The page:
In Tokyo, Meier Designs Two Towers

People / Places / April 13, 2015

Richard Meier & Partners has arrived in Japan – and in grand style.

The first of its two Harumi Residential Towers, built on a manmade island not far from the Imperial Palace, was recently completed; the second will finish up next summer. Both are a bridge-crossing away from downtown Tokyo, adjacent to the site for the 2020 Olympics.

“It’s the first for the firm in Japan, and we were excited to work on such a large project,” says Dukho Yeon, associate partner, “Richard has been to Japan many times and always wanted to do a project there.”

This one came with a challenging set of restraints. Residential typology in Tokyo is very specific, with towers containing 800 to 900 units quite common. Each unit needs a balcony, and all apartments must be interconnected, with access to stairs. A local firm designed the buillding’s interior, while Meier’s firm  worked on image and concept.

“The shape and the massing were a given,” he says. “We were asked to design the facade and curtain walls, plus the lobby space and common areas – we designed up to the third floor.”

Part of the assignment the was to relate each to the other, but still develop individual identities.

“The concept for the one that’s now complete is to interweave the balconies in a pattern as they go up,” he says. “It’s intended to create a texture and shadows on the facade.”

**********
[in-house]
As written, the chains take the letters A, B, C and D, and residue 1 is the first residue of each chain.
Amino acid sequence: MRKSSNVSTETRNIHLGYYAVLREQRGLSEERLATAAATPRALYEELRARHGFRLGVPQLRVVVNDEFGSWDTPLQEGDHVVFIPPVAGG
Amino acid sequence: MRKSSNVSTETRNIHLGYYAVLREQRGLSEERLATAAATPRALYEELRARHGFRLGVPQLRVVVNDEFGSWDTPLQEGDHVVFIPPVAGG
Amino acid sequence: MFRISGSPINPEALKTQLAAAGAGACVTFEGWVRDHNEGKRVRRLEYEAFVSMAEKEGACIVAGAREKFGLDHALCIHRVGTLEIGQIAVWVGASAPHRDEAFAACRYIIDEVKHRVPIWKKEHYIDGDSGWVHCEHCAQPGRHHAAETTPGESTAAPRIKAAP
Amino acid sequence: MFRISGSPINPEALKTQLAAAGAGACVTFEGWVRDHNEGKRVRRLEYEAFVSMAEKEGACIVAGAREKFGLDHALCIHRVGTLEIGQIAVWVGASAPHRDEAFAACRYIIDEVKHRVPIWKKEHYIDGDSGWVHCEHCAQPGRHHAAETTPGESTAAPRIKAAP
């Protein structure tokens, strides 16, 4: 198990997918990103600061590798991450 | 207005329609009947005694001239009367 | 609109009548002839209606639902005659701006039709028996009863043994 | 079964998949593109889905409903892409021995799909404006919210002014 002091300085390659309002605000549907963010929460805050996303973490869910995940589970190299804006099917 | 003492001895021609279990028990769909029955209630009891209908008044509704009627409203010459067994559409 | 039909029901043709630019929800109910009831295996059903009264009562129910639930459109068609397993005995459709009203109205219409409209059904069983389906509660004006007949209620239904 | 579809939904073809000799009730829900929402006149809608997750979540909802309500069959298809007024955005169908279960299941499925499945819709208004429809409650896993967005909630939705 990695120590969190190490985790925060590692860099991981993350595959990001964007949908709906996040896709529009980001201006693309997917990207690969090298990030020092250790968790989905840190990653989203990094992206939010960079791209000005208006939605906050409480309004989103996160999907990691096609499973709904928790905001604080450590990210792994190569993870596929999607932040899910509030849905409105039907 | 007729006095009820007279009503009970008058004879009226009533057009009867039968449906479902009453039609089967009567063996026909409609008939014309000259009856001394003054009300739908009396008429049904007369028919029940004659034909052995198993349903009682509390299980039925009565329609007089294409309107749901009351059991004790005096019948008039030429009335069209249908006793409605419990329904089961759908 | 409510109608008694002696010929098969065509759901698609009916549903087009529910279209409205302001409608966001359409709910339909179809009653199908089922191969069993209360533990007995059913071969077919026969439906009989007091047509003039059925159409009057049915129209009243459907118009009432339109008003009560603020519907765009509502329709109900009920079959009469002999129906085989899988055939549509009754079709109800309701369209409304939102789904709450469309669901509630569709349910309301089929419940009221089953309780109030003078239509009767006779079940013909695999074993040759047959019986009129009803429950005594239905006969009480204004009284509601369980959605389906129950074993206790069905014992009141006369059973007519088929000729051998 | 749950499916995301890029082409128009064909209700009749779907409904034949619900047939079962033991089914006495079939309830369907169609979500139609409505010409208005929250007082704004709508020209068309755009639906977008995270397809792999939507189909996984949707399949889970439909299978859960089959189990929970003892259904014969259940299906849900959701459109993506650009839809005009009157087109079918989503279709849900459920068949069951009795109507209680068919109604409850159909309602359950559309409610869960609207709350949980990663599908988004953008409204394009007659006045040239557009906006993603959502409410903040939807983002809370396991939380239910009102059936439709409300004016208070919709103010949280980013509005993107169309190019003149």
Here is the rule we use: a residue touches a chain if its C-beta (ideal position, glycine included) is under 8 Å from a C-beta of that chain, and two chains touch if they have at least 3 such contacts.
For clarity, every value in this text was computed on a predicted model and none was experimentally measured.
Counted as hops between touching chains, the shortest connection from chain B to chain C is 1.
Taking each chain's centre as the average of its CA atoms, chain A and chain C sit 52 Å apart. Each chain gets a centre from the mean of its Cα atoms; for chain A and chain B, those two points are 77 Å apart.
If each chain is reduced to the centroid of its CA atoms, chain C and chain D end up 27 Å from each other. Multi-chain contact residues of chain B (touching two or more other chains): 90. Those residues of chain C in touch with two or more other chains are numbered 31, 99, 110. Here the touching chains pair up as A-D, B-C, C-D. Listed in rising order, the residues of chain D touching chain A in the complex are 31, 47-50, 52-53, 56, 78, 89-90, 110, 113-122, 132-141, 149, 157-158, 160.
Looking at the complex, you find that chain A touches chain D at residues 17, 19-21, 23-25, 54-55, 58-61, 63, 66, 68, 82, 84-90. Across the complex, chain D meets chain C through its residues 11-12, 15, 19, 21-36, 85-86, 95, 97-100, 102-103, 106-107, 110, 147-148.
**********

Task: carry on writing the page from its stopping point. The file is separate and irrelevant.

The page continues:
The second tower, nicknamed “Origami,” will be clad in glass. Both will stand 49 stories tall, with 883 apartments in the first and  861 in the second.

Seismic requirements resulted in an engineering solution with a foundation that moves during a earthquake of a certain magnitude, but towers that move only laterally – left to right.

“It’s one of the most advanced solutions to date,” he says.

Which makes it perfect for two very advanced architectural solutions.

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Michael Welton
I write about architecture, art, and design for national and international publications. I am the author of "Drawing from Practice: Architects and the Meaning of Freehand" (Routledge, 2015), and the former architecture critic for the News & Observer in Raleigh, N.C.




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